As you can see, weighing both sides can be quite the dilemma, however, when it comes to their happiness in being hassle-free from all that matting, getting those dreadlock cords locked in should be worth all the effort!
Remember, if you feel like giving up, always know that the groomer is just a drive or walk away to save you and your beloved poodle.
How to prevent or handle matting
Taking care of those poodle dreadlocks does take some work, but that doesn’t make it an impossible task!
Here are some of the best ways to keep your puffy poodle’s dreadlocks from matting:
Shampoo + conditioner washes
Bathing your poodle once in 3 weeks with proper shampoo and conditioner should help keep your poodle hair from matting, tangling, and staying dirty (obviously).
Always be sure to check the shampoo contents if your poodle has sensitive skin, and if so, try looking for labels that say “for sensitive skin” or “hypoallergenic”, to prevent unwanted visits to the vet from potential irritations or infections.
Regular professional groomer appointments (worth every penny)
These guys are called professionals for a good reason.
They know every single detail and technique it takes to properly take care of and maintain poodle hair from matting.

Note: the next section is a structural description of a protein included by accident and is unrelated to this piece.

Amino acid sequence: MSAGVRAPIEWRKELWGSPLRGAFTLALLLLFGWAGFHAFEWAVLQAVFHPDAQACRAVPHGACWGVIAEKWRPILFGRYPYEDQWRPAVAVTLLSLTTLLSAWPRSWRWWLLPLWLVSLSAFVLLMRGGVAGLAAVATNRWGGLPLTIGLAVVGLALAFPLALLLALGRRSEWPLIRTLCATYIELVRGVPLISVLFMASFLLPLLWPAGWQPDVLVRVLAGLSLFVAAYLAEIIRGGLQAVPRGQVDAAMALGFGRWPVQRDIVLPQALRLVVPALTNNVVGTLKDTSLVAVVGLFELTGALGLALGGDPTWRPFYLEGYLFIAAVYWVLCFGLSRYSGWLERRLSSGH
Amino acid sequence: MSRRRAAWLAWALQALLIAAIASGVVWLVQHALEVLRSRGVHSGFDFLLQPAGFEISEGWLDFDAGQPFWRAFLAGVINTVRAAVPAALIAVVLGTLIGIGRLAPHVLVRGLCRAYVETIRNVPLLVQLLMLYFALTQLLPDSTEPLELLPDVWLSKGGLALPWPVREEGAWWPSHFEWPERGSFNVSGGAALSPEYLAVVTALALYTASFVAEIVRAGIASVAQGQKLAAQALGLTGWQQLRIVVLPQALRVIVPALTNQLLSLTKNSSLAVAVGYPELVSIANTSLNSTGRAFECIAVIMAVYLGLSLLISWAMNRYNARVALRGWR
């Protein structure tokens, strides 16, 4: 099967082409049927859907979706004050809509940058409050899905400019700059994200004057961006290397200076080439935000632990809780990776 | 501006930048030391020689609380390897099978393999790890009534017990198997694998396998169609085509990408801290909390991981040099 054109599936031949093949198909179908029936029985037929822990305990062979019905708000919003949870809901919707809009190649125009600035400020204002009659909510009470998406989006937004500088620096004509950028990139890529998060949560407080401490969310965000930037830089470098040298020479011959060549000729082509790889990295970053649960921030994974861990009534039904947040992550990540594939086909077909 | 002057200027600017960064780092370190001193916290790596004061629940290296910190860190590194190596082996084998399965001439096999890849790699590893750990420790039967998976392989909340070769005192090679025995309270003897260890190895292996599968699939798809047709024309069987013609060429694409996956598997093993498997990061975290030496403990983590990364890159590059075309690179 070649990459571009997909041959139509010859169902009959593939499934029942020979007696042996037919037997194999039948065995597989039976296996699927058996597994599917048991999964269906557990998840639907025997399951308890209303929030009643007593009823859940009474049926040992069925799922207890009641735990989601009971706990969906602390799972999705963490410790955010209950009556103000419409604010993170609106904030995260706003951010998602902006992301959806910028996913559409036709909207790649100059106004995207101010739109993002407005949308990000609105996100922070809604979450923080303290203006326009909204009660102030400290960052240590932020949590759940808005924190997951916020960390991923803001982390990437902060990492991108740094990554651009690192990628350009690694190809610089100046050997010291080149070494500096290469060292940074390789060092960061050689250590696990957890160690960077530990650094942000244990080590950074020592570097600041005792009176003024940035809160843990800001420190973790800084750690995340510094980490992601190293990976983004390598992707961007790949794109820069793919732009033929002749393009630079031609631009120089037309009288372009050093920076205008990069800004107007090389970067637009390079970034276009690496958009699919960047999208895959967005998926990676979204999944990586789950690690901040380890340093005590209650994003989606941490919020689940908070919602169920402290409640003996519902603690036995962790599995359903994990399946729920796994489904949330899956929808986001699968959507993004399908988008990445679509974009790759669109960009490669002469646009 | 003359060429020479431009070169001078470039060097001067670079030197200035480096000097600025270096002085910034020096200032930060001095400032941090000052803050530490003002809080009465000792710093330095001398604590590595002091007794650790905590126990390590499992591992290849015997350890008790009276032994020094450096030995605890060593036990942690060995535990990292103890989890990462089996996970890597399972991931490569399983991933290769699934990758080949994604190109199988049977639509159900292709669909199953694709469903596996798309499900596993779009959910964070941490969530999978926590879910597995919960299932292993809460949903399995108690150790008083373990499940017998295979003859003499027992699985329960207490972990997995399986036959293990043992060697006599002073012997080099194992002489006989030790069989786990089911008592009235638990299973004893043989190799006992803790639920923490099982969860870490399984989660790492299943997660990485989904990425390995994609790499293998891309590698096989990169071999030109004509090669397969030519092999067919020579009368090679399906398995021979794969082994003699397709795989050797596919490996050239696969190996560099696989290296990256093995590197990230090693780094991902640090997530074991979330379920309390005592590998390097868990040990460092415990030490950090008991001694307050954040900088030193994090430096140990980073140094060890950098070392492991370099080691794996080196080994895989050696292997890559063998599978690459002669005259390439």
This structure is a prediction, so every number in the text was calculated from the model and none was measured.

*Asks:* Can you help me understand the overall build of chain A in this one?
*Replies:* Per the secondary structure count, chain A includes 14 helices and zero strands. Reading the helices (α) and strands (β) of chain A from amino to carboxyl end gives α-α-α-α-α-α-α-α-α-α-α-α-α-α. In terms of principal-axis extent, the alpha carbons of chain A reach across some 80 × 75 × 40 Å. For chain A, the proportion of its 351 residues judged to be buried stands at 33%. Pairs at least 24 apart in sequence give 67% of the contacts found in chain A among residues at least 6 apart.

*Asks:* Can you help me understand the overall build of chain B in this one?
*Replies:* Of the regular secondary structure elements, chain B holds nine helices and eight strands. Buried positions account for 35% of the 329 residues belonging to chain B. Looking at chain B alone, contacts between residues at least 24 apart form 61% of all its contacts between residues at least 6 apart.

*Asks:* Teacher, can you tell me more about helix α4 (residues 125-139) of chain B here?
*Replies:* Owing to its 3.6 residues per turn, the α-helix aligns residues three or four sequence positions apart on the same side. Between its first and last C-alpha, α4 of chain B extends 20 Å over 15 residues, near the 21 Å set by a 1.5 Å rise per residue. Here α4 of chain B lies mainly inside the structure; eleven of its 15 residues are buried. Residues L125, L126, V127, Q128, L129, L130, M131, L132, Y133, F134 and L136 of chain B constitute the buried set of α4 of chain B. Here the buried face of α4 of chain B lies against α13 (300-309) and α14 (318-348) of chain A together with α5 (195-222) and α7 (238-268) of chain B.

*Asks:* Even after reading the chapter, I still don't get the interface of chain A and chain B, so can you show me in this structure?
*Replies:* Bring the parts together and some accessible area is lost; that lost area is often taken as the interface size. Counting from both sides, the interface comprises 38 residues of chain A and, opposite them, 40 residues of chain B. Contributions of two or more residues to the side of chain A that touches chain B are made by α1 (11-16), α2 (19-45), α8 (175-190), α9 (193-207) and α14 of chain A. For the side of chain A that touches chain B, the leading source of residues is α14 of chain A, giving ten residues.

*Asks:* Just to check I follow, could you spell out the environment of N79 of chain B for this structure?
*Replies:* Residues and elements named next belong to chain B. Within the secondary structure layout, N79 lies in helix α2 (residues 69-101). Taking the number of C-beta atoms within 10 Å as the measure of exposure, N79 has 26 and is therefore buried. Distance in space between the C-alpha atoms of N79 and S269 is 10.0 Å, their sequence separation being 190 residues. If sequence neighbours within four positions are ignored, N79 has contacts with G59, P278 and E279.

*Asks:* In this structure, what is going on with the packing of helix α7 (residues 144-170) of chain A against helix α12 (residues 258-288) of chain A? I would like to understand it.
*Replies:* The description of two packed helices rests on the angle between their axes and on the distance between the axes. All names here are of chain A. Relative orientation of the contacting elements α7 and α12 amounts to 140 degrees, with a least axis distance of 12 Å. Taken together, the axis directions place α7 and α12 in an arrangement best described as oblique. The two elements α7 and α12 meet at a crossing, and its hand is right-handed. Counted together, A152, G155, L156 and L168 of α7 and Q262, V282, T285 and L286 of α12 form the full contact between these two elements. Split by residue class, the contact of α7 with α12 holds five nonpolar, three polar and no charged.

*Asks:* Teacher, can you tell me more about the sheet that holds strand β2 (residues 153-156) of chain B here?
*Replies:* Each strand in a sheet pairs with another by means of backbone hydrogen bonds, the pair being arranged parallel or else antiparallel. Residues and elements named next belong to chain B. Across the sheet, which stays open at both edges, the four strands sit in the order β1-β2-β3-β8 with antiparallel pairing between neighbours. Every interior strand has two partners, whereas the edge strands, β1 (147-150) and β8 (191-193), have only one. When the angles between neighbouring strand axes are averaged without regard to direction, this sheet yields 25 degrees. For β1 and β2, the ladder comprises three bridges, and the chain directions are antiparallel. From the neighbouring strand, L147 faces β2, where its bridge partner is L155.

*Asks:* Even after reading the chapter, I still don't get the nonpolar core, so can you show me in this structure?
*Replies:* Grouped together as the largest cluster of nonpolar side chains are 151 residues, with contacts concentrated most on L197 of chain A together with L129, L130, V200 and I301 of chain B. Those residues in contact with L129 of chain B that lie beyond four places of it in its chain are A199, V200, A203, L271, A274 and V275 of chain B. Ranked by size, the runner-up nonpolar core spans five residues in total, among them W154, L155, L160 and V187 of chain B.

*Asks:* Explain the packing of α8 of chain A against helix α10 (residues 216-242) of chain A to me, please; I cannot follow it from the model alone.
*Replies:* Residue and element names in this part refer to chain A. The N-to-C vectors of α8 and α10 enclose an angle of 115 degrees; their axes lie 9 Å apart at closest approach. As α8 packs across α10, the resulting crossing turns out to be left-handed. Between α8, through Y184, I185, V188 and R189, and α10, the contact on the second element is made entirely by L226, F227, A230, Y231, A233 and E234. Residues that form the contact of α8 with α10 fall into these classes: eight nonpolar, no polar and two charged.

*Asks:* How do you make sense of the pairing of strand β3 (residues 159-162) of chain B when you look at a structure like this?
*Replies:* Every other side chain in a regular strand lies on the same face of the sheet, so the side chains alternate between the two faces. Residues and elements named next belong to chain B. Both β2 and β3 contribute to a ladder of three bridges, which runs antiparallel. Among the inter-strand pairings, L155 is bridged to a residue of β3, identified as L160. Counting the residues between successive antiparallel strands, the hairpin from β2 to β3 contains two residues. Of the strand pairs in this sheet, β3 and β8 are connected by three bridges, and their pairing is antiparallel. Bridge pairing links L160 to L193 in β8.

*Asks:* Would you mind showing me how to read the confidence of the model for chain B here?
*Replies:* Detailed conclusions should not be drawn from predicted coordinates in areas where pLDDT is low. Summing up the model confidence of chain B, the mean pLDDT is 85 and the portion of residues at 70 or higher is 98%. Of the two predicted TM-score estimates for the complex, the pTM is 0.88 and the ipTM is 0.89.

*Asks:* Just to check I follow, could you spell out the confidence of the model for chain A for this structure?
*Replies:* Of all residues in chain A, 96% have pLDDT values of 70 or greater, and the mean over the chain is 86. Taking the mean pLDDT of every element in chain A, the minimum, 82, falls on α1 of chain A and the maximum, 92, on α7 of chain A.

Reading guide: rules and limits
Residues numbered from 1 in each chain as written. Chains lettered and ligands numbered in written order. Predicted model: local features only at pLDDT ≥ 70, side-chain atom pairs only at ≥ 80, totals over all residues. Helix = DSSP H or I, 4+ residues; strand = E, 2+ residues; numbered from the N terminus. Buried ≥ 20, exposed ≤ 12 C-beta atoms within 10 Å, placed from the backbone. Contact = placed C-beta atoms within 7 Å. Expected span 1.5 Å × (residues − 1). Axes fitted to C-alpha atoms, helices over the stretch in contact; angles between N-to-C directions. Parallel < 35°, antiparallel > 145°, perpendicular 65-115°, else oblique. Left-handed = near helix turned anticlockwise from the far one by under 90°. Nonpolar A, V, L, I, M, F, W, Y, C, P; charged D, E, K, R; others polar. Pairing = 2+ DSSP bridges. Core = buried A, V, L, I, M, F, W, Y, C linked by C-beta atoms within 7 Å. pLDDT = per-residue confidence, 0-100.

Groomers know exactly how to bathe, dry, and trim your poodle with the safest and highest-of-quality products and tools to give your furry pal that edgy and fancy look.
We do recommend visiting your local groomer once every 3 to 6 weeks (at most) for proper maintenance.
A healthy diet equals healthy hair
Believe it or not, your poodle’s diet plays a key role in keeping their hair thick, healthy, and mat-free.
You can do this by simply incorporating high protein and healthy fats (omega-3 and omega-6 fatty acids) into your puffy pal’s daily meal plan.
Healthy fats are also health-beneficial for your poodle’s skin, which also plays a critical factor in preventing matting.
What other breeds have natural dreadlocks?
If you think poodles are the only ones with natural dreadlocks, then you’re in for a surprise. There are actually plenty of other dog breeds who, too, have naturally formed dreadlocks, making poodles part of the dreadlock-rocking pack with many others.
Some breeds do acquire these dreads naturally (without human assistance). In contrast, other breeds (such as poodles) require a little backup to achieve the look. Here’s a shortlist of some of these breeds with dreadlocks:
Breeds with naturally-formed dreads
- Komondor (sounds alpha-ish, don’t you think?)
- Bergamesco (a fancy name, indeed)
Breeds requiring human backup to form dreads
- Spanish water dog (no, it does not have the ability to breathe underwater)
Regardless of whatever breed they may be or whether they acquired the dashing dreads naturally or with human assistance, we must say, they’d rock that look any day.